KRYTON Metals Blog

The Science Behind Spinning Metal

Manual and CNC lathes are a fixture in practically every machine shop or metal fabrication facility. In most cases, their function is to remove material and produce round parts using the dimensions and tolerances from a drawing.

However, there is another method for achieving axially symmetrical parts without removing or stripping away any metal: it’s called metal spinning. Sometimes referred to as spin forming, metal spinning deforms a flat sheet of metal over a pre-shaped mandrel without cutting or heating the material. And with steel costs on the rise, it makes sense not to waste any of it by turning it into chips.

Metal spinning works with any ductile metal, including carbon steel, aluminum, stainless steel, copper, and even titanium. While the process was once used exclusively for prototyping and low-quantity runs, CNC technology has made it possible to manufacture parts in high quantities.


A step-by-step guide to metal spinning

Since metal spinning is a unique process that might not be as well known throughout the metal fabrication community, the following example may help: 

  • A mandrel, machined in the shape of the finished part, is attached to the lathe
  • The metal blank is attached to the mandrel or held in place by the tailstock
  • The mandrel and plate rotate at high speed as the forming tool presses the plate to fit the shape of the mandrel
  • The end is trimmed, if necessary, and the part is complete


What are some of the advantages of metal spinning?

Metal spinning offers significant benefits, not the least of which is its ease of use. Because it is a cold-working process requiring no heating of the metal as it is reshaped, it’s simpler and safer than other processes.

Another advantage occurs as the metal is deformed. Metal spinning tends to compress the material, often making the spun metal stronger than it was before. As the metal is exposed to the rotational force of the lathe, the compression increases its tensile strength and provides a high-performance finished product.

Other benefits include:

  • Lower tooling costs than other types of metal shaping
  • Ideal for either prototyping or production parts
  • Single-piece, seamless metal parts are typically stronger and can tolerate a higher pressure
  • Multiple steps in the forming process can  be completed at the same time
  • Shorter lead times
  • Less material waste


What are the typical industrial uses for metal spinning?

Metal spinning offers an economical and versatile method for an assortment of commercial and industrial applications, including: 

  • Aerospace and defense components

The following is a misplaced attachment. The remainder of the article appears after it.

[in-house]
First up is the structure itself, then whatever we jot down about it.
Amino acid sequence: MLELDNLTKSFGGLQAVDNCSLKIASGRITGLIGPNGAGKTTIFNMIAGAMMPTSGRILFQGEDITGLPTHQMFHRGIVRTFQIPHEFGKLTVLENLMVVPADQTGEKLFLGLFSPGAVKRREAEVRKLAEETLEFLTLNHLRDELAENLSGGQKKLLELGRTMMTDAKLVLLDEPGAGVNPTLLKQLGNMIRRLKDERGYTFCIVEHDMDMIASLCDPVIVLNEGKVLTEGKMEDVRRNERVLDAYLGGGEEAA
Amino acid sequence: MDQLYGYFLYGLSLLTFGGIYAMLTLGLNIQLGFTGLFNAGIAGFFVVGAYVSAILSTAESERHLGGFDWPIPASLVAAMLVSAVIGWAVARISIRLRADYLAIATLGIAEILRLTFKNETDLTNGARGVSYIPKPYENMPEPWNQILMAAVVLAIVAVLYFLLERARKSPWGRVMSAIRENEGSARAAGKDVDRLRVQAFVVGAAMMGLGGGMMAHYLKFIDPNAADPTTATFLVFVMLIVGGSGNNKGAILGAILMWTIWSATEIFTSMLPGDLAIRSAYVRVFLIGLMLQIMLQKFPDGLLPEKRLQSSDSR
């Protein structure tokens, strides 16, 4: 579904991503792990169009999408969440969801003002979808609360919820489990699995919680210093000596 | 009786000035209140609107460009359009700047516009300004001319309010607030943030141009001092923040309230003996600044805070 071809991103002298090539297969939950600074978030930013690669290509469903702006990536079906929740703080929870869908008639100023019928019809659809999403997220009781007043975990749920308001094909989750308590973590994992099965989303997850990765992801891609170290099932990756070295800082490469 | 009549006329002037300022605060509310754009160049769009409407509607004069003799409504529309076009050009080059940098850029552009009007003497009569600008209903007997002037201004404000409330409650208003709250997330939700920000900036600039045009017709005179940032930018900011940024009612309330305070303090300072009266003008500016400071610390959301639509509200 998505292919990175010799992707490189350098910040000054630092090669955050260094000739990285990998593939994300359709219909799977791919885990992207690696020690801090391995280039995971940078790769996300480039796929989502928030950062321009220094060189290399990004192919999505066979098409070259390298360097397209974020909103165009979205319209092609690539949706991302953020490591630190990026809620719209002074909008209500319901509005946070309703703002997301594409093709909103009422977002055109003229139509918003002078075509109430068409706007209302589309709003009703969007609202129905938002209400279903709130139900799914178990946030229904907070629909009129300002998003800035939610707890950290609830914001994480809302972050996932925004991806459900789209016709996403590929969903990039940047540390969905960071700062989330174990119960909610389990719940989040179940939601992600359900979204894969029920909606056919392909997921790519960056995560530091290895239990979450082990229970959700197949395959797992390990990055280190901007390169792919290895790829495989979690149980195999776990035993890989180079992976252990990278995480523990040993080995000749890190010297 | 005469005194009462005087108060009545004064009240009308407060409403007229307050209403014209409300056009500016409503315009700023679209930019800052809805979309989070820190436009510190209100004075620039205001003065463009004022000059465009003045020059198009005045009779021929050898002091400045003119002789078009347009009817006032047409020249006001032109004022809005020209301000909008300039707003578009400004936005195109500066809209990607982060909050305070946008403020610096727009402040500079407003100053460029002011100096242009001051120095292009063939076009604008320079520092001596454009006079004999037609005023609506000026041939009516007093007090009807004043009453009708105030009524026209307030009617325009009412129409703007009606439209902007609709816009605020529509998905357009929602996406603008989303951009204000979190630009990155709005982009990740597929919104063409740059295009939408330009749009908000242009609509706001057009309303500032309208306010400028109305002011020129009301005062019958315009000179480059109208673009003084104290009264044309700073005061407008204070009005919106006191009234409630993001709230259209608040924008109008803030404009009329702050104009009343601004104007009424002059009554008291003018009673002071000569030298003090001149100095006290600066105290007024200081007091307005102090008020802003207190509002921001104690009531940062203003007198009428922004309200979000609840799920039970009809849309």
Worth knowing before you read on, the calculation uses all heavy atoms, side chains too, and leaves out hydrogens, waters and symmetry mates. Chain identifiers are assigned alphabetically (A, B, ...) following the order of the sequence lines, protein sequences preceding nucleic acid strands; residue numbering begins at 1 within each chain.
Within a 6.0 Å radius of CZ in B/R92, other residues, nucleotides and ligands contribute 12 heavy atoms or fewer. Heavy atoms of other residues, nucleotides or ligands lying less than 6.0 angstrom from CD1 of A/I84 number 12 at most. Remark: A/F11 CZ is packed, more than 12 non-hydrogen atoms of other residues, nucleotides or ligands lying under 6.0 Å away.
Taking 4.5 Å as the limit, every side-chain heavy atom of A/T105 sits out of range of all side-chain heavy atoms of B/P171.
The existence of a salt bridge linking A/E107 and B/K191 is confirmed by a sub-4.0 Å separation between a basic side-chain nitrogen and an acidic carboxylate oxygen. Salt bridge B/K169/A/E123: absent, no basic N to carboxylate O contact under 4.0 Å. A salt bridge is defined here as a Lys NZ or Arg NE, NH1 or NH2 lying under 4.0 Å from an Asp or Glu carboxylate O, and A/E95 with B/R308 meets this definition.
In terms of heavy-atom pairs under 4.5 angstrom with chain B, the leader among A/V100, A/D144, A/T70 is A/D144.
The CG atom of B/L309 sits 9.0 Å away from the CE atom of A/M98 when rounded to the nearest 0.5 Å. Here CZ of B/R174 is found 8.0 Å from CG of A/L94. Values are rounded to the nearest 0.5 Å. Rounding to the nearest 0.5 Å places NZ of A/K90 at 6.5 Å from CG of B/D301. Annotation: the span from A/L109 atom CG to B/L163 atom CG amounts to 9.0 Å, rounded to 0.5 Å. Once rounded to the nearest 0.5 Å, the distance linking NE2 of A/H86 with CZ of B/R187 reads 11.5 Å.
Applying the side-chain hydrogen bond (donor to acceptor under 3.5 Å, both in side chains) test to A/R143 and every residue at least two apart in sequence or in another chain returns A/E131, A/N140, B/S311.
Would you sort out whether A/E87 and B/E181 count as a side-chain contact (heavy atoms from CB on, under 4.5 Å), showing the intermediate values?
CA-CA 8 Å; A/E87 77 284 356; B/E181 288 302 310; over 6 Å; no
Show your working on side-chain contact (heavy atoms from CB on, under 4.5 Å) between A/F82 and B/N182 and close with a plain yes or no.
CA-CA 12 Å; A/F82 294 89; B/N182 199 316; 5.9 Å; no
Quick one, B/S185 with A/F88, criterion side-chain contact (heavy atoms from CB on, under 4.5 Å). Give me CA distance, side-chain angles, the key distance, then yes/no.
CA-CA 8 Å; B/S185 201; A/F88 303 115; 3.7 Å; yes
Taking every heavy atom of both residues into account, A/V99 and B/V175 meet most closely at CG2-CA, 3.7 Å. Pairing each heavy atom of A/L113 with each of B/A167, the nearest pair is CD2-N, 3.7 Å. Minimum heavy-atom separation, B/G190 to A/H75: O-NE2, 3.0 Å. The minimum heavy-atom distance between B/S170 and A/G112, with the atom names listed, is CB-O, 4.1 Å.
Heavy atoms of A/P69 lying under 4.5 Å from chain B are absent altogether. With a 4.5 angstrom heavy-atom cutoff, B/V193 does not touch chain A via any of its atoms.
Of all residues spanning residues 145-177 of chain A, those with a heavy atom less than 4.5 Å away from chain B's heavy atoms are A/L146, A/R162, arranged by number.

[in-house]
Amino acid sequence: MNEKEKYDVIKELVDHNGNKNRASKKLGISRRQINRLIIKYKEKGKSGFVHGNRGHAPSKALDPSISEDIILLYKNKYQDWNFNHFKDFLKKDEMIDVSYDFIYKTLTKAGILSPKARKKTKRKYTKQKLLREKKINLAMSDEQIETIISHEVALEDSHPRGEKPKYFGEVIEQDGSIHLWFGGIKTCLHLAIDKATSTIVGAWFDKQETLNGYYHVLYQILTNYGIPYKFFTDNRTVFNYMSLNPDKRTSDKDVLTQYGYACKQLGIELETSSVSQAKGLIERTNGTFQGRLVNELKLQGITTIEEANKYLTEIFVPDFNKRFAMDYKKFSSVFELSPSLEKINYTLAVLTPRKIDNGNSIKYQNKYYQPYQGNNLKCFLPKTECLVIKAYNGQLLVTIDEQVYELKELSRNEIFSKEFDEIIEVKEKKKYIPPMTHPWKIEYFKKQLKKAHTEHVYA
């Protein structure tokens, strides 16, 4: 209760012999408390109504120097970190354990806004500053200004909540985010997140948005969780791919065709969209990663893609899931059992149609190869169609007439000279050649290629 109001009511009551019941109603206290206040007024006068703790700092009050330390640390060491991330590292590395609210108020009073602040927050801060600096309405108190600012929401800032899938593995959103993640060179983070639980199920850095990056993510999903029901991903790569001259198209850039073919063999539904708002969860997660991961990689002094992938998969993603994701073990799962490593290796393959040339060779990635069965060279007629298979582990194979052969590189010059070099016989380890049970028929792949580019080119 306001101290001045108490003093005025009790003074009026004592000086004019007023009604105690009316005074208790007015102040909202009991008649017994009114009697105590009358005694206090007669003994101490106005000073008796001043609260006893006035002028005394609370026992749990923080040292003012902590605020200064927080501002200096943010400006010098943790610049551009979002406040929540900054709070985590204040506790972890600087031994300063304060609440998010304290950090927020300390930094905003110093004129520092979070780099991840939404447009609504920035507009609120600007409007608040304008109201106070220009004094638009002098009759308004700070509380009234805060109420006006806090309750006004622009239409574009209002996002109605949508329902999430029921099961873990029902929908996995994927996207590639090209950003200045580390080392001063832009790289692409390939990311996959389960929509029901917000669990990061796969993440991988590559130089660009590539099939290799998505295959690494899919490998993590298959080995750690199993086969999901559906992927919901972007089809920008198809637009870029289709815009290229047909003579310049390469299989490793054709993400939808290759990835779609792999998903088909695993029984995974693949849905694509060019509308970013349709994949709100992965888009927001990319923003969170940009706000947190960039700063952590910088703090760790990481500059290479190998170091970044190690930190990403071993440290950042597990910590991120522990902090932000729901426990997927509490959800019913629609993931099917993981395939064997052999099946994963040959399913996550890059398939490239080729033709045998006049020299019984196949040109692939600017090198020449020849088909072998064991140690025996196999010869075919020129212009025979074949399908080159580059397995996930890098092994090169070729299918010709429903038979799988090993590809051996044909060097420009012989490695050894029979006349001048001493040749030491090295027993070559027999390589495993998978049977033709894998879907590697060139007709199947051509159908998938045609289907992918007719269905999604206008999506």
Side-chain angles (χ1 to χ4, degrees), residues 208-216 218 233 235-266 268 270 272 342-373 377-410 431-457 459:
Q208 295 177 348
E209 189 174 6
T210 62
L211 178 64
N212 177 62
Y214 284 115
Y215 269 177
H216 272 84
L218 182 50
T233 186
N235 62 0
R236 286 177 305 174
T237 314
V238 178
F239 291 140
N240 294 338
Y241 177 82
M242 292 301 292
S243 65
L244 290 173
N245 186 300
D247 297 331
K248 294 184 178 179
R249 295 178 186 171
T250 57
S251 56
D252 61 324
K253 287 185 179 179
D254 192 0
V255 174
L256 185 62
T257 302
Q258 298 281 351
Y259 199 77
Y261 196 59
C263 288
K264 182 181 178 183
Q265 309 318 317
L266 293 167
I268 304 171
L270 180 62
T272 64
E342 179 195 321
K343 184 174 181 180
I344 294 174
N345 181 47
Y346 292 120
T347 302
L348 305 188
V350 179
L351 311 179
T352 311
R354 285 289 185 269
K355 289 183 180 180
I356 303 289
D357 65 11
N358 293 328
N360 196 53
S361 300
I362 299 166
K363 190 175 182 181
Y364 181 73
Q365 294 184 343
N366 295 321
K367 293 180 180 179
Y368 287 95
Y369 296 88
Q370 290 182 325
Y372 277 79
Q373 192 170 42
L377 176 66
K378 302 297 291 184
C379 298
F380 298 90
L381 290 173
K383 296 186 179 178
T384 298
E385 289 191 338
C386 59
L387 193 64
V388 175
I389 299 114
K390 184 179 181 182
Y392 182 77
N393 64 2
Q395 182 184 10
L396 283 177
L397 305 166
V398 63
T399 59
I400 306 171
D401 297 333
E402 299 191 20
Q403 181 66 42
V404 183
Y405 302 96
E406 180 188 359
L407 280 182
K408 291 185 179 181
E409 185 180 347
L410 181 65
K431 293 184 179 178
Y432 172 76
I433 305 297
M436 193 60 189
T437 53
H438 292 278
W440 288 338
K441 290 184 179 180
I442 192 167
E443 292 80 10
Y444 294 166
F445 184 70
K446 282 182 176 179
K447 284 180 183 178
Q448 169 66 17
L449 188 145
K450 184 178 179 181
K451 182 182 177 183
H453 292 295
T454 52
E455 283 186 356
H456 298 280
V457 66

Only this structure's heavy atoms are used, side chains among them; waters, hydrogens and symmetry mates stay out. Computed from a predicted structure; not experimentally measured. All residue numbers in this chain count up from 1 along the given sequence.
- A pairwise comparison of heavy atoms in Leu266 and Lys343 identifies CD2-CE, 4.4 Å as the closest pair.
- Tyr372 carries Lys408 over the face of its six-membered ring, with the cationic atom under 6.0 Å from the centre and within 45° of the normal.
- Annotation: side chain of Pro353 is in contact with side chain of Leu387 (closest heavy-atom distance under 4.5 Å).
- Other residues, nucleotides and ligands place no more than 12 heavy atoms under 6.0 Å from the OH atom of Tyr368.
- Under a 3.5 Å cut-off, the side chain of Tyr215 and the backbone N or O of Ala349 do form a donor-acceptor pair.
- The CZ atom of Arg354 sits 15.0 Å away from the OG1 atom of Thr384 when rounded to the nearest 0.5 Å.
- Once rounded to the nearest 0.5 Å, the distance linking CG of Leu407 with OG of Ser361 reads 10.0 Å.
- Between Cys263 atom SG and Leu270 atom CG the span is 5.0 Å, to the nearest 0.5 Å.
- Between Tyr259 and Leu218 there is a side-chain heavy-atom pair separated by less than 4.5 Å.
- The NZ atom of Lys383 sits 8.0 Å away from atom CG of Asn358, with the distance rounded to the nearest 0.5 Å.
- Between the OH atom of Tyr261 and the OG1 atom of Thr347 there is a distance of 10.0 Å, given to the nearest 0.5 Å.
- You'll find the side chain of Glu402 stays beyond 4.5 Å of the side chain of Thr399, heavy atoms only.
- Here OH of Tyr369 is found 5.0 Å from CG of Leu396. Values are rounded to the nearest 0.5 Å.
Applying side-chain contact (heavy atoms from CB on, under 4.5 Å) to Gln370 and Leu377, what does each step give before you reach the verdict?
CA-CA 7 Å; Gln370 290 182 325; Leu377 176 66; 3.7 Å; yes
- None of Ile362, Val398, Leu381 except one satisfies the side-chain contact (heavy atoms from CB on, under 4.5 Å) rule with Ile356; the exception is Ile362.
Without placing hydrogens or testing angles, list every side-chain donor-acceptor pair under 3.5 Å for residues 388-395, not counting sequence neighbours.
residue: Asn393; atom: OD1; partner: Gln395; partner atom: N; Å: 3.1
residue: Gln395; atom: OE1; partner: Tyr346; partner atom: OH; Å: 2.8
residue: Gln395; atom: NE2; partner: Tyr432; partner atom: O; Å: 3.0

• Commercial foodservice equipment: Custom kitchen equipment and cookware for commercial food application made from stainless steel and several other metals. Examples include stainless steel cooking kettles, smoker housings, and housings for high-pressure cookers.
  • Commercial lighting: Working with stainless steel, aluminum, brass, and copper, metal spinning produces light reflectors used in commercial lighting.
  • Sanitation: The metal spinning process creates parts for street and sanitation vehicles, including flanged steel rings for street sweepers and steel ring housings for sewer cleaning equipment.
  • Filtration industry: Components include air filtration cartridges, sleeves, and rings.
  • Gas cylinders and pressure vessels
  • Heavy industrial components for oil, agricultural, and land vehicles: Includes parts for oil drilling equipment, components for livestock feeding, and parts for earthmoving equipment.
  • Musical instruments
  • Medical: Includes fabricated metal products such as medical imaging housings and components used in laboratory equipment.
  • HVAC: Metal spinning is an effective process producing parts with physical properties that can stand up to the extreme conditions of commercial HVAC applications.
  • Automotive: Custom steel wheel rims in various sizes and designs to withstand the most rugged terrains.


Are there different types of metal spinning?

Metal spinning lathes typically fall into three broad categories: manual, power-assisted, and automatic.

  • Manual spinning lathes can generally handle a wide range of blanks from 1.0″ up to 72″ in diameter. An experienced human operator applies the forming tool pressure.
  • Power-assisted spinning is a manual process augmented by hydraulic cylinders. It works well for forming stronger metals (stainless steel and alloys) when human power is insufficient to shape the piece. 
  • Automatic spinning employs Computer Numerical Control (CNC) to automate the spinning process. This method is especially effective for precision high-volume parts that demand consistency.

There are also four operations associated with metal spinning. These include:

  • Conventional spinning during which a series of passes complete the formed part. Each of these passes stretches and thins the material.
  • Shear spinning is often used to produce conical and cylindrical shapes accurately. Unlike conventional spinning, the finished part is formed in one pass.
  • Preforms produced through spinning or drawing take the place of a flat blank disc when starting the metal spinning process.
  • Edge treatment refers to the finishing operation on the spun piece. The parts are often trimmed on the lathe to create a straight edge. In some cases, they may be removed and finished on another machine as a secondary operation.
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